On Monday March 5, the Mount community participated at the ground breaking ceremony for a new visitor’s center at the National Shrine Grotto of Lourdes. After raising funds for a number of years, the Grotto staff, which is on the campus of Mount St. Mary’s University marked the ground breaking for their new building with a joyous celebration in which the seminarians participated in full. The grotto chaplain, Fr. Thomas Smith a 1982 graduate of Mount St. Mary’s Seminary, began the occasion with a brief prayer of invocation followed by a rousing speech by university president, Thomas H. Powell. Later each of the members of the university’s board of trustees, along with seminary rector Msgr. Steven P. Rohlfs dug up a small piece of earth to initiate the building process. Msgr. Rohlfs even received some assistance from seminarian Eric Bolek (S’ 15, Peoria) in pushing his shovel into the ground. At the conclusion of the ground breaking ceremony, the seminary schola sang a piece for the the pleasure of all present. More information about the future visitor’s center can be found on the Grotto’s website at the following address,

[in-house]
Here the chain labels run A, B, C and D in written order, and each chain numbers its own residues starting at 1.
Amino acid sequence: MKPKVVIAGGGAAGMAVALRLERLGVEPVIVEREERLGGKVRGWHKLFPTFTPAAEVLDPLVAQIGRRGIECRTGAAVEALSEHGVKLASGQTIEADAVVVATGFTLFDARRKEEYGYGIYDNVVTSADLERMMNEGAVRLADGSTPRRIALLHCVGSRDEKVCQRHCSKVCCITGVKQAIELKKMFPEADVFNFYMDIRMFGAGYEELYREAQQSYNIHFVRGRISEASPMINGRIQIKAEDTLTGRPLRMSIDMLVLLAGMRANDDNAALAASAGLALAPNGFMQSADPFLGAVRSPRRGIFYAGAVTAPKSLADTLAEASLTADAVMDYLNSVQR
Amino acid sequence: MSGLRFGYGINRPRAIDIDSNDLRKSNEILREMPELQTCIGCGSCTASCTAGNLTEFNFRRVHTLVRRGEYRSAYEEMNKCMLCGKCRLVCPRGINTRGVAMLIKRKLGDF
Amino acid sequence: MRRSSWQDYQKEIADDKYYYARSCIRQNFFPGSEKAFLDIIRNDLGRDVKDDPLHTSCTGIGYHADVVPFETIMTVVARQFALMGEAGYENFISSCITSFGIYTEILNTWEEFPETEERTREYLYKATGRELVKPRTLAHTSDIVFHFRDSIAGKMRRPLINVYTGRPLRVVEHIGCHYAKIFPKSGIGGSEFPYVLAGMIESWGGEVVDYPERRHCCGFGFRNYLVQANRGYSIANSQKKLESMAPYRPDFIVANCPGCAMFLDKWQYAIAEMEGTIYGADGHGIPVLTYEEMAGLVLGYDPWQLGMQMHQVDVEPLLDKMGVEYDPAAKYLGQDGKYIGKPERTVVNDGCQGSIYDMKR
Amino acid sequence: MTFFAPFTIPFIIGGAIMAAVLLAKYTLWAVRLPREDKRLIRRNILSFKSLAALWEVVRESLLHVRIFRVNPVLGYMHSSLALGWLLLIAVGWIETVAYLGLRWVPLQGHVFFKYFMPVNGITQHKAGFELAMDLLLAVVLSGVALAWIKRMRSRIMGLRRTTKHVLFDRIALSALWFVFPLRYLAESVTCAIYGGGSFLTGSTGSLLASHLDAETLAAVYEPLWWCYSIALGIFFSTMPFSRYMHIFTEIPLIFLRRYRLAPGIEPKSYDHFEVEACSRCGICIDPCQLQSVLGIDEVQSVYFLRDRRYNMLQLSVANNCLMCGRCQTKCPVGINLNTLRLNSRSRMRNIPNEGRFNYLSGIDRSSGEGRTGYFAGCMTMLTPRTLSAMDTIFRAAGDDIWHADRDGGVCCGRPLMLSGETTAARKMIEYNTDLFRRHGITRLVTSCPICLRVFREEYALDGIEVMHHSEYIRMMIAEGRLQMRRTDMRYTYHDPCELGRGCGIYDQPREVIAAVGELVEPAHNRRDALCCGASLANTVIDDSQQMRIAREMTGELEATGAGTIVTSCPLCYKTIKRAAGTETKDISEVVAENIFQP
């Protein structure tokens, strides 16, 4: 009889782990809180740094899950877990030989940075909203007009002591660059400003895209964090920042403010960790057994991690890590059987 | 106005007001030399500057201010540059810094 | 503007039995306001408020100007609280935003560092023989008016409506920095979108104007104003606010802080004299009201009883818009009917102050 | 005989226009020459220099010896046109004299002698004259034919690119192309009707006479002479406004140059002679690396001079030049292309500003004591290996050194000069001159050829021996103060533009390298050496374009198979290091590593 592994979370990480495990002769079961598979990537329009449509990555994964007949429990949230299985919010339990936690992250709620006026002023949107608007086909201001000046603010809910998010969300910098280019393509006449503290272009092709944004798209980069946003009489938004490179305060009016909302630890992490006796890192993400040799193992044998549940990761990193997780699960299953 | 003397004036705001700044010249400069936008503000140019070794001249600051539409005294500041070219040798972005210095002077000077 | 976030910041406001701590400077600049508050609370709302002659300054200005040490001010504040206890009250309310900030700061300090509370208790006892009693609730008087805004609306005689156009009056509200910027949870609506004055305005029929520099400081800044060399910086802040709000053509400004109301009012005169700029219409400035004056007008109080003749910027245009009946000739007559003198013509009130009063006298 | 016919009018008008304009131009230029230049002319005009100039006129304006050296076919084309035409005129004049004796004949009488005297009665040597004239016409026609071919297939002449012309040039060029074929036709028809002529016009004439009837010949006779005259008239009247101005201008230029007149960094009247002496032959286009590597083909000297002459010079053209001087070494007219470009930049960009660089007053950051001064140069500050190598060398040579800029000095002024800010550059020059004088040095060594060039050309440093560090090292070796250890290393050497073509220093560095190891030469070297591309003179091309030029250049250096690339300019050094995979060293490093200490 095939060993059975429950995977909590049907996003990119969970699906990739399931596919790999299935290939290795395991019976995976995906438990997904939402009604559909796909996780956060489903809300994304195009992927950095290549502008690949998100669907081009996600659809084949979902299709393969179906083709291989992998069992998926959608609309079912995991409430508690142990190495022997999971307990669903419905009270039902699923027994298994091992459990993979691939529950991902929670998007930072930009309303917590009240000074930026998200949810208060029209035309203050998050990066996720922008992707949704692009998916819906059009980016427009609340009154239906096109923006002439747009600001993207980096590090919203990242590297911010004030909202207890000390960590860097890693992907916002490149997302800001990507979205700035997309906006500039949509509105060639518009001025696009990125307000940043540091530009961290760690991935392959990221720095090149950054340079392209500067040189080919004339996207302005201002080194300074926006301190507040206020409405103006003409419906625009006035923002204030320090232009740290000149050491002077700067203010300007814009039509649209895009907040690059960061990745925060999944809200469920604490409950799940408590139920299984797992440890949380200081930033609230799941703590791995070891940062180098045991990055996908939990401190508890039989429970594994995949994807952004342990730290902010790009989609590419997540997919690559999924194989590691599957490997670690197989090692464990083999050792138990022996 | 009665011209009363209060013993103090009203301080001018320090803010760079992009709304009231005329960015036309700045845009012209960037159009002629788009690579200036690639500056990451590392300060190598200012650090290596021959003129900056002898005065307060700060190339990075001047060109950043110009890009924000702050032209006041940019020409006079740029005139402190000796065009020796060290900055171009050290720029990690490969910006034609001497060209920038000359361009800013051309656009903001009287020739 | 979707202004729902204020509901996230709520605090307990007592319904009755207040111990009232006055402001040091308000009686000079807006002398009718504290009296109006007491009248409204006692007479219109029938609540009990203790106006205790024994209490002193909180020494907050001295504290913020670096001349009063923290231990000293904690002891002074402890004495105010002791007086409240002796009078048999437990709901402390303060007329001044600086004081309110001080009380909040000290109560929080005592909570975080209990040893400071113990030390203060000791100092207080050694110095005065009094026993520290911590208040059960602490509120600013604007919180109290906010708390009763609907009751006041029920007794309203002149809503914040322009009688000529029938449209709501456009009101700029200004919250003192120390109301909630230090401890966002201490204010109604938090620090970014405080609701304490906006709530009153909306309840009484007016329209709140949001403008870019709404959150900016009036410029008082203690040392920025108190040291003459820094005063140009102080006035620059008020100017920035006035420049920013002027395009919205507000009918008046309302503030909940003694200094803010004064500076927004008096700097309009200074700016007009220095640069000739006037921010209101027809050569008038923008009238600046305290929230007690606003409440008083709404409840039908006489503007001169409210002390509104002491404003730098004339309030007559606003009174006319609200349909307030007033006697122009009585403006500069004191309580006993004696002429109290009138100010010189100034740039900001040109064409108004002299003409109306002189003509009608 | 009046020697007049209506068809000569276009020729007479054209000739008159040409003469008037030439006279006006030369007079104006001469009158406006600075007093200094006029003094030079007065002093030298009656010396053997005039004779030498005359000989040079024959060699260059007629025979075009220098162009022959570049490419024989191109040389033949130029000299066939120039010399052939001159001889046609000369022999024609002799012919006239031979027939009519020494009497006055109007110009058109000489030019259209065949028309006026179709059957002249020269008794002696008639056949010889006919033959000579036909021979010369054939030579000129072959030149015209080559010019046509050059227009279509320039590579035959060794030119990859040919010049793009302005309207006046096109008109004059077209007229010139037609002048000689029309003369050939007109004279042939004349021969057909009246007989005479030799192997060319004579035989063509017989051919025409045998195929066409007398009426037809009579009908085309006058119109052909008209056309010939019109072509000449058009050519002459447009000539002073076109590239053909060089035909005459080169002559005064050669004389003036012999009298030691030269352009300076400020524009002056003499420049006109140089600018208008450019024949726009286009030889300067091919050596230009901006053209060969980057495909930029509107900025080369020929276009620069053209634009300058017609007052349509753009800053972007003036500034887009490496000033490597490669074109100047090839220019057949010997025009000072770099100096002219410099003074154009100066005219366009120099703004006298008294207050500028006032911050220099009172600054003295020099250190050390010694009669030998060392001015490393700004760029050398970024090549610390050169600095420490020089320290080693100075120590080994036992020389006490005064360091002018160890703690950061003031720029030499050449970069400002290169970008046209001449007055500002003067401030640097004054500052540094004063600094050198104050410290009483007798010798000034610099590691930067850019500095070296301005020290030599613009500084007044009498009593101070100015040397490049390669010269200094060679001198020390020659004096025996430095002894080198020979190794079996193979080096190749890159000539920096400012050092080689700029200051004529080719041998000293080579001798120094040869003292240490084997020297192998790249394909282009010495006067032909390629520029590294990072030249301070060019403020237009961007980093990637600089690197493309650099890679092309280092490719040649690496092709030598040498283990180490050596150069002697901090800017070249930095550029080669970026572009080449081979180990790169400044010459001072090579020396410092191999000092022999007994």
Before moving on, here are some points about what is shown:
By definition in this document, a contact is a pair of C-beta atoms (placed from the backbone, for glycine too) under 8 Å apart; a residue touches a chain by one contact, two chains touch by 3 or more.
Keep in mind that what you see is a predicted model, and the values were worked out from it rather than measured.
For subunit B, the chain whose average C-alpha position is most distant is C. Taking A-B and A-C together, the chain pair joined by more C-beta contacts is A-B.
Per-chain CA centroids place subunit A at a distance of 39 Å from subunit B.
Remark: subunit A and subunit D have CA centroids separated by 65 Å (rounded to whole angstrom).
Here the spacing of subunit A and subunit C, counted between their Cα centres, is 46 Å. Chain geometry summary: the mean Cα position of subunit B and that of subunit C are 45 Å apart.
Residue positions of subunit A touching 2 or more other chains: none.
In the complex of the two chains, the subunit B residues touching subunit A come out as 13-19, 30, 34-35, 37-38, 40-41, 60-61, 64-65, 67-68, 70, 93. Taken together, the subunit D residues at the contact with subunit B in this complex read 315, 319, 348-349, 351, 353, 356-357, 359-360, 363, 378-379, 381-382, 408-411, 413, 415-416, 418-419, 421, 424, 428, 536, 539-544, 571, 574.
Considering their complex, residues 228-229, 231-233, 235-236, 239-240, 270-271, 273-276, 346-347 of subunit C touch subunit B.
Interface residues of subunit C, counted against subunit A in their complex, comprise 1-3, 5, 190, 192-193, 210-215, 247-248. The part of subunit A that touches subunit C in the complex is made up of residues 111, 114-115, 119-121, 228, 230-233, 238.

While many seminarians often travel far and wide during the breaks from school, during each break a number of seminarians choose to stay behind at the seminary during the time off. With about 25 seminarians staying at the seminary, this most recent Spring break (2/27-3/2) was no exception. With most of the seminarians traveling back to their dioceses, perhaps going on a pilgrimage to Rome, or traveling to visit family or friends, the usual busy seminary building is left quiet and peaceful, if only for a short while. During the break, a certain amount of money is offered for those remaining in Emmitsburg, and each night a different seminarian is in charge of providing a home made dinner for the whole group. The family-like environment allows the seminarians to spend more time with each other and develop fraternal bonds which are harder to achieve during the recurrent busyness of the academic year.